Homer Bailey threw 31 pitches the 1st inning and 30 pitches in the 2nd inning before he was lifted. The 31-year-old Bailey pitched about the way you’d expect a guy coming off the DL and surgery, his first game of major league action against a group of guys playing in their 74th game of the year.

His fastball velocity was 93-95 mph, which was where he’s been in his rehab starts. Bailey did strike out Bryce Harper twice. But overall, the Nationals lineup was murderous. Bailey contributed to his plight with three walks. Things will be better for Bailey when he isn’t subjected to a BABIP of .600. The main thing is that Bailey feels normal the next few days.

Considering what the Nationals are doing to all the Reds pitchers today, it makes Luis Castillo’s start yesterday look better.

Cincinnati Reds 3 • Washington Nationals 18 || Box || Play Log || Statcast

News: Bryan Price announced before the game that Brandon Finnegan will start Monday in the make-up game in St. Louis. That makes the current starting rotation: Homer Bailey, Scott Feldman, Brandon Finnegan, Luis Castillo and Tim Adleman.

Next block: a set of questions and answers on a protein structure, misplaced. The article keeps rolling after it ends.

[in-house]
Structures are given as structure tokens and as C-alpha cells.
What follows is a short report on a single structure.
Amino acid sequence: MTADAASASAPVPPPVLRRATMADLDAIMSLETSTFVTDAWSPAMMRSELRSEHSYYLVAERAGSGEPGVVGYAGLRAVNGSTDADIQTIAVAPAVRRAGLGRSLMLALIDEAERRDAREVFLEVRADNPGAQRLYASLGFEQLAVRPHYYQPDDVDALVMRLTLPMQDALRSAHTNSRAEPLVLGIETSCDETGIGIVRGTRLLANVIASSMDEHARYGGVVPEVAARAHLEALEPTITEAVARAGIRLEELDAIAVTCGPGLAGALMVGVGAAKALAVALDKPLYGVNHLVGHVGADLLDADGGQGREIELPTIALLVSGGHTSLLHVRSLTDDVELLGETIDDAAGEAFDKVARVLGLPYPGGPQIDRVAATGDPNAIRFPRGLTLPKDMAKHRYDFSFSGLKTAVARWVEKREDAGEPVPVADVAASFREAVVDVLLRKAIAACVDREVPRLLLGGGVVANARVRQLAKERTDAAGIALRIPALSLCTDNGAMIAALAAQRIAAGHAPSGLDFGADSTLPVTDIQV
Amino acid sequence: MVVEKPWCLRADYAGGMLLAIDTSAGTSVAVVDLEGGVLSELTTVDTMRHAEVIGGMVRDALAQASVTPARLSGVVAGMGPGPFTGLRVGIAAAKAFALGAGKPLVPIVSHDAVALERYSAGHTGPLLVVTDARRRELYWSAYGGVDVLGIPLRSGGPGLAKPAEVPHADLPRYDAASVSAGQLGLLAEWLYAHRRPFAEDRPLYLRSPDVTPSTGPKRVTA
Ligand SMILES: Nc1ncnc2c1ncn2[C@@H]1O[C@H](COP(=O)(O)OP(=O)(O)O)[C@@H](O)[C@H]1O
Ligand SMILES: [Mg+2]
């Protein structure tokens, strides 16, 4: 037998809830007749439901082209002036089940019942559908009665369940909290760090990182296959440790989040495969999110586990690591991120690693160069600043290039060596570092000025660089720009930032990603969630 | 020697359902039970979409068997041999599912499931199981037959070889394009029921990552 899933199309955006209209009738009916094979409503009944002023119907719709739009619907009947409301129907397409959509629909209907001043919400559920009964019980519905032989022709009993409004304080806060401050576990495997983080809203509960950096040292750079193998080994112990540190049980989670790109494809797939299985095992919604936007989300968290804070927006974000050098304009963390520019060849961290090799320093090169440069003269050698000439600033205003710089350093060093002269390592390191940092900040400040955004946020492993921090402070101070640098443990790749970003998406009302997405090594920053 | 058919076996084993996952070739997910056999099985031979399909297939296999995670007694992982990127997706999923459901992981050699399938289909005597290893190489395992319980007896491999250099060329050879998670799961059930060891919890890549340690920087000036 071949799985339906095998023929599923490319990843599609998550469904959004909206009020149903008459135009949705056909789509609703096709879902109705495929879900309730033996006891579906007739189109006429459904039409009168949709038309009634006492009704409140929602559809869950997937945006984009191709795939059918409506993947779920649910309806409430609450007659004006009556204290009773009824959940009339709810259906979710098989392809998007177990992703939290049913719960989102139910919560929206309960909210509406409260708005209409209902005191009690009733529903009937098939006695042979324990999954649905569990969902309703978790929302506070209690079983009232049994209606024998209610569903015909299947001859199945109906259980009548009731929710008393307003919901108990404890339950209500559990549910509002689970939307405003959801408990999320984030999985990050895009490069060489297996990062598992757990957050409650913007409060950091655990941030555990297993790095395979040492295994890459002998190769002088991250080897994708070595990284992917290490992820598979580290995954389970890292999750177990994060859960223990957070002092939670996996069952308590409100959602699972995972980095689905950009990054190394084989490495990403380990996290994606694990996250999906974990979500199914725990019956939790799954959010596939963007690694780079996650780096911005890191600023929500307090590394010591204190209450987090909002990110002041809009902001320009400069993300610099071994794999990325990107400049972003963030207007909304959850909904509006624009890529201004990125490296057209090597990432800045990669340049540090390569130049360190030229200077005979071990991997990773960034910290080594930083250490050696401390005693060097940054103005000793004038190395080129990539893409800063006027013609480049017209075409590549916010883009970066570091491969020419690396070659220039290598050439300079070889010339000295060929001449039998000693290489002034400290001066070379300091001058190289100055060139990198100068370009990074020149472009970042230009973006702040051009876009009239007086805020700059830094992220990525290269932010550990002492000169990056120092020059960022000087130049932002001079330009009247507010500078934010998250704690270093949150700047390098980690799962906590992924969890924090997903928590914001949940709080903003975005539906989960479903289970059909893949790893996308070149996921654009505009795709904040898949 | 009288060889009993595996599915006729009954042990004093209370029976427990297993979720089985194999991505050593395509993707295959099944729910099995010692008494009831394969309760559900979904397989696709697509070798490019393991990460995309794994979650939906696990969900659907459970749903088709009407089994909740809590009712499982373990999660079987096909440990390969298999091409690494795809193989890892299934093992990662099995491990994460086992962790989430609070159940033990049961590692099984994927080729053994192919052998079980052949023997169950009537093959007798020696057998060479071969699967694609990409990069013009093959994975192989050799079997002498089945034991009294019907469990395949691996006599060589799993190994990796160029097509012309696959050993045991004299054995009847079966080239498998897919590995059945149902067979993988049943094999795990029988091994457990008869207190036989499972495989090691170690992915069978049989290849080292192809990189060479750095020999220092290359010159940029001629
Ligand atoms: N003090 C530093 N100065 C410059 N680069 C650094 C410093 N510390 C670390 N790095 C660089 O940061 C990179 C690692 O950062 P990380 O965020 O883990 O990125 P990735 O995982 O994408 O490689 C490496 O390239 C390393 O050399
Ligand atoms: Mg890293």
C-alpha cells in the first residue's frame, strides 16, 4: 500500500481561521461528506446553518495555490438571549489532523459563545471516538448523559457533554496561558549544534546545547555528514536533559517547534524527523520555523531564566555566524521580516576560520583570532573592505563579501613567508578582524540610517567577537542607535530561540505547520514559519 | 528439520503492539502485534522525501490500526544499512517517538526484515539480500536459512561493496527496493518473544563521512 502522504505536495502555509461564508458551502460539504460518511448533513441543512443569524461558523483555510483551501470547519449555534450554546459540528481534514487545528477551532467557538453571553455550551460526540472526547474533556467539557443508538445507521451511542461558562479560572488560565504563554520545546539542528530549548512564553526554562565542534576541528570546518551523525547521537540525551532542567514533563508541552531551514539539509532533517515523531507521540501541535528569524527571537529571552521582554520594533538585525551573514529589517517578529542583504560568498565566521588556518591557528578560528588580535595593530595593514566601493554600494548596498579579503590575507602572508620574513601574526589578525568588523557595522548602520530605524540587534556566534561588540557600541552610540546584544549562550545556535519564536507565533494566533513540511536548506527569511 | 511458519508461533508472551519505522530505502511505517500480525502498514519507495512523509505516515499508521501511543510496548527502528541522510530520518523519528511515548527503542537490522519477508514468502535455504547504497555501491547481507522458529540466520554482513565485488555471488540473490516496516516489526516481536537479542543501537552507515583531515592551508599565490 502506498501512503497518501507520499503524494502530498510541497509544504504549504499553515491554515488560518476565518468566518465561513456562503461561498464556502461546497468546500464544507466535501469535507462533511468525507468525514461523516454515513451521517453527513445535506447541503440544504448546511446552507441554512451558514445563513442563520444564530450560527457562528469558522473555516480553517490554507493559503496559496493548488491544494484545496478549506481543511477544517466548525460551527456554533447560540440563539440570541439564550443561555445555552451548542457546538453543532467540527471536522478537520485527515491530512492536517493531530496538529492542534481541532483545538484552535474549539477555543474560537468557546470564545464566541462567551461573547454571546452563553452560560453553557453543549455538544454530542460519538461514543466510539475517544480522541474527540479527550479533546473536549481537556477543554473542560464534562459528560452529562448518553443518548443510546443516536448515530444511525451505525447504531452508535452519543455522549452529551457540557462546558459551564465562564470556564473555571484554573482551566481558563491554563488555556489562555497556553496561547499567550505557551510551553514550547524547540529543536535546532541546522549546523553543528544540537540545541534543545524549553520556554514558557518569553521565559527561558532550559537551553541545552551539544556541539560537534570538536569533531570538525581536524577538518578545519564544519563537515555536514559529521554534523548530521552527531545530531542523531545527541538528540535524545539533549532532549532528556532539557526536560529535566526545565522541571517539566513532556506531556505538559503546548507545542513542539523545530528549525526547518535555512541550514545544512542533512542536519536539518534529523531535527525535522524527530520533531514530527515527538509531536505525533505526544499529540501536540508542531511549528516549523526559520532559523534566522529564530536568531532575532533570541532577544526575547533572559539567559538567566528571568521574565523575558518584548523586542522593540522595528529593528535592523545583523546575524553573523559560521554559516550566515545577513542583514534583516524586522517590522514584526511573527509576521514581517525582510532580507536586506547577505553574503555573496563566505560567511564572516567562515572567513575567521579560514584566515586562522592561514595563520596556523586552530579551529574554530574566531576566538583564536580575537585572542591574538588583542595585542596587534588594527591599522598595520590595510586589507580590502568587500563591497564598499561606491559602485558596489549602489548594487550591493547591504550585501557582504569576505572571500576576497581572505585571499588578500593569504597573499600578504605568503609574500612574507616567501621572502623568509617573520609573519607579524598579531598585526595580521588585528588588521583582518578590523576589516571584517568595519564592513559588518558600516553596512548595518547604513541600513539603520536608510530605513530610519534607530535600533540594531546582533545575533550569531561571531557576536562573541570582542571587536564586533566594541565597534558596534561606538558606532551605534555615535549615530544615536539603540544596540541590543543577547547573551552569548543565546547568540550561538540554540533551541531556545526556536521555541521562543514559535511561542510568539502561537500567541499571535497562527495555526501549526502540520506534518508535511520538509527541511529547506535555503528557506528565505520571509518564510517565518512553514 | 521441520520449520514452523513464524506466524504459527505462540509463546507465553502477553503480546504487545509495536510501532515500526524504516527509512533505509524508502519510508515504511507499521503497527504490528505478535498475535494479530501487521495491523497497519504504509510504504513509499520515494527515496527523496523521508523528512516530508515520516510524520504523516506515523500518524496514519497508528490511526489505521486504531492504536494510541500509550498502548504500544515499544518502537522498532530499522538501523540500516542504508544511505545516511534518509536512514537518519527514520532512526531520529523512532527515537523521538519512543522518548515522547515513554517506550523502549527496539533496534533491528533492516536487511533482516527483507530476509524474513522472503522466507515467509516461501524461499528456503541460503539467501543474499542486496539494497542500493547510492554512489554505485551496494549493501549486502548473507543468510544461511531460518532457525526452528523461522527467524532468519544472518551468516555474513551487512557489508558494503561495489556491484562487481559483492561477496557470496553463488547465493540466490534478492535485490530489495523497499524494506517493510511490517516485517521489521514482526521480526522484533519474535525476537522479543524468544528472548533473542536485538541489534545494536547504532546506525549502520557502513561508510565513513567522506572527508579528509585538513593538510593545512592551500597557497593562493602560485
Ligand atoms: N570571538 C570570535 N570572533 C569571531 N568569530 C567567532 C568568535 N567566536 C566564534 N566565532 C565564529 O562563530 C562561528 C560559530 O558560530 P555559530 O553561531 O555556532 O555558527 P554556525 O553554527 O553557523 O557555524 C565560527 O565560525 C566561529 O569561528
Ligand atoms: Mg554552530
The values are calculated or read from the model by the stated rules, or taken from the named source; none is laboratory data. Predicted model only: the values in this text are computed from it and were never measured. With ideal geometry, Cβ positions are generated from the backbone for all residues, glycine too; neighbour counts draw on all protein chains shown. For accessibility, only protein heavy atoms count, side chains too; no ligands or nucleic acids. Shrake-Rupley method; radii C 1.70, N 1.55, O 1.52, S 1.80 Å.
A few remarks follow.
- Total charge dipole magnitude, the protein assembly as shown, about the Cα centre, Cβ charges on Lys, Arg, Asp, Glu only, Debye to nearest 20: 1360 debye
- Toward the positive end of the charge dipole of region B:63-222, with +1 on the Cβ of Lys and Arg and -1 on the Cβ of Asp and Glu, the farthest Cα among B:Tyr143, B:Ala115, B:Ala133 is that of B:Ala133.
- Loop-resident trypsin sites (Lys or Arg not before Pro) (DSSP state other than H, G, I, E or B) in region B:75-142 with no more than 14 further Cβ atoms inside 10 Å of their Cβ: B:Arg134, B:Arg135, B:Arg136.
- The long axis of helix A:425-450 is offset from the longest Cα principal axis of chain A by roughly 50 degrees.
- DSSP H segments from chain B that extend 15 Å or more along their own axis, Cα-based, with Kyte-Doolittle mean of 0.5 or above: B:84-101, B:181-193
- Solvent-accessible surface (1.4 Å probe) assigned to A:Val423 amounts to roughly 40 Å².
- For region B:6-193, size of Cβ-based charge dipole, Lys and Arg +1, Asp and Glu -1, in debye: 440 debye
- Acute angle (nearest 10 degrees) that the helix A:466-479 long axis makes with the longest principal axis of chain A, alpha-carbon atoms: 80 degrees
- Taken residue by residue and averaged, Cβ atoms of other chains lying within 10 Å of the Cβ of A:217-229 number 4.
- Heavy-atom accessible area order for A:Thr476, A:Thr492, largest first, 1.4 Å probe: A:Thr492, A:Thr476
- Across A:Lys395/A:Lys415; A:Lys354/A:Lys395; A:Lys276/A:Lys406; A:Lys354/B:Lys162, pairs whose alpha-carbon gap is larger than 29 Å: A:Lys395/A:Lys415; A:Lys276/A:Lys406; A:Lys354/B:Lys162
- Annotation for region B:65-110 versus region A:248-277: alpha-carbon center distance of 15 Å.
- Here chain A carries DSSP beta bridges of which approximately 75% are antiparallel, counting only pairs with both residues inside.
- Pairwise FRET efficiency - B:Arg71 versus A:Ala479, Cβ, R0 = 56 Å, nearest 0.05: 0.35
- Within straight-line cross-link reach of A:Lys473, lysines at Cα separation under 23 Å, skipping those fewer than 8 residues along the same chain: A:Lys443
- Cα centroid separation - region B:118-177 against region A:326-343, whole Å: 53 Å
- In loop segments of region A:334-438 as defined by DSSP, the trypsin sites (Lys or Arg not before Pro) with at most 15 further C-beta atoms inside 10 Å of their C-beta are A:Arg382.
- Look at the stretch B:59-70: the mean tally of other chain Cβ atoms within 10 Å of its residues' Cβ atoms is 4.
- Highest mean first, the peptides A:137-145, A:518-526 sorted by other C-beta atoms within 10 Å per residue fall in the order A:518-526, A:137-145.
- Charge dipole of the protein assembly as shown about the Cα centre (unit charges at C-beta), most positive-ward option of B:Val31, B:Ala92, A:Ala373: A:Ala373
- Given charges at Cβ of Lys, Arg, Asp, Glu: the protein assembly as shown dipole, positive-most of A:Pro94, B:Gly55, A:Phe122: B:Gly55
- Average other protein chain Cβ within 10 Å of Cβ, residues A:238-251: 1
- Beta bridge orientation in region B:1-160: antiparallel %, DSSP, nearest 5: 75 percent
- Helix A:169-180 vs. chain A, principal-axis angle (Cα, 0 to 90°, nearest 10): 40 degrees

Milton was unhappy with Cincinnati’s performance today.

About The Author

Steve grew up in Cincinnati a die-hard fan of Sparky's Big Red Machine. After 25 years living outside of Ohio, mostly in Ann Arbor, he returned to the Queen City in 2004. Contemporary Reds thrills: witnessing Jay Bruce's 2010 homer and Homer Bailey's 2013 no-hitter in person. The only place to find Steve's thoughts of more than 280 characters about the Reds is Redleg Nation, although you can follow his tweets @spmancuso.

Related Posts

63 Responses

  1. Wayne nabors

    This teams pitching is uncalled for,no major league team should ever be this bad.reds got pitchers on there roster with 7 plus e.r.a’s.no pitcher should be in league with them numbers,and the one pitcher that a lot of folks are big on out of bullpen is lorenzen, and you ain’t going no where with him,not good numbers at all,I cringe every time he comes in.my point being if this is the best that the reds can offer,they need to clean house from the owners on down,I pay 200.00 a year to watch the reds and I need a refund in a big way

    • Chuck Schick

      I ain’t seeing no way you getting your $200 refund.

    • Alex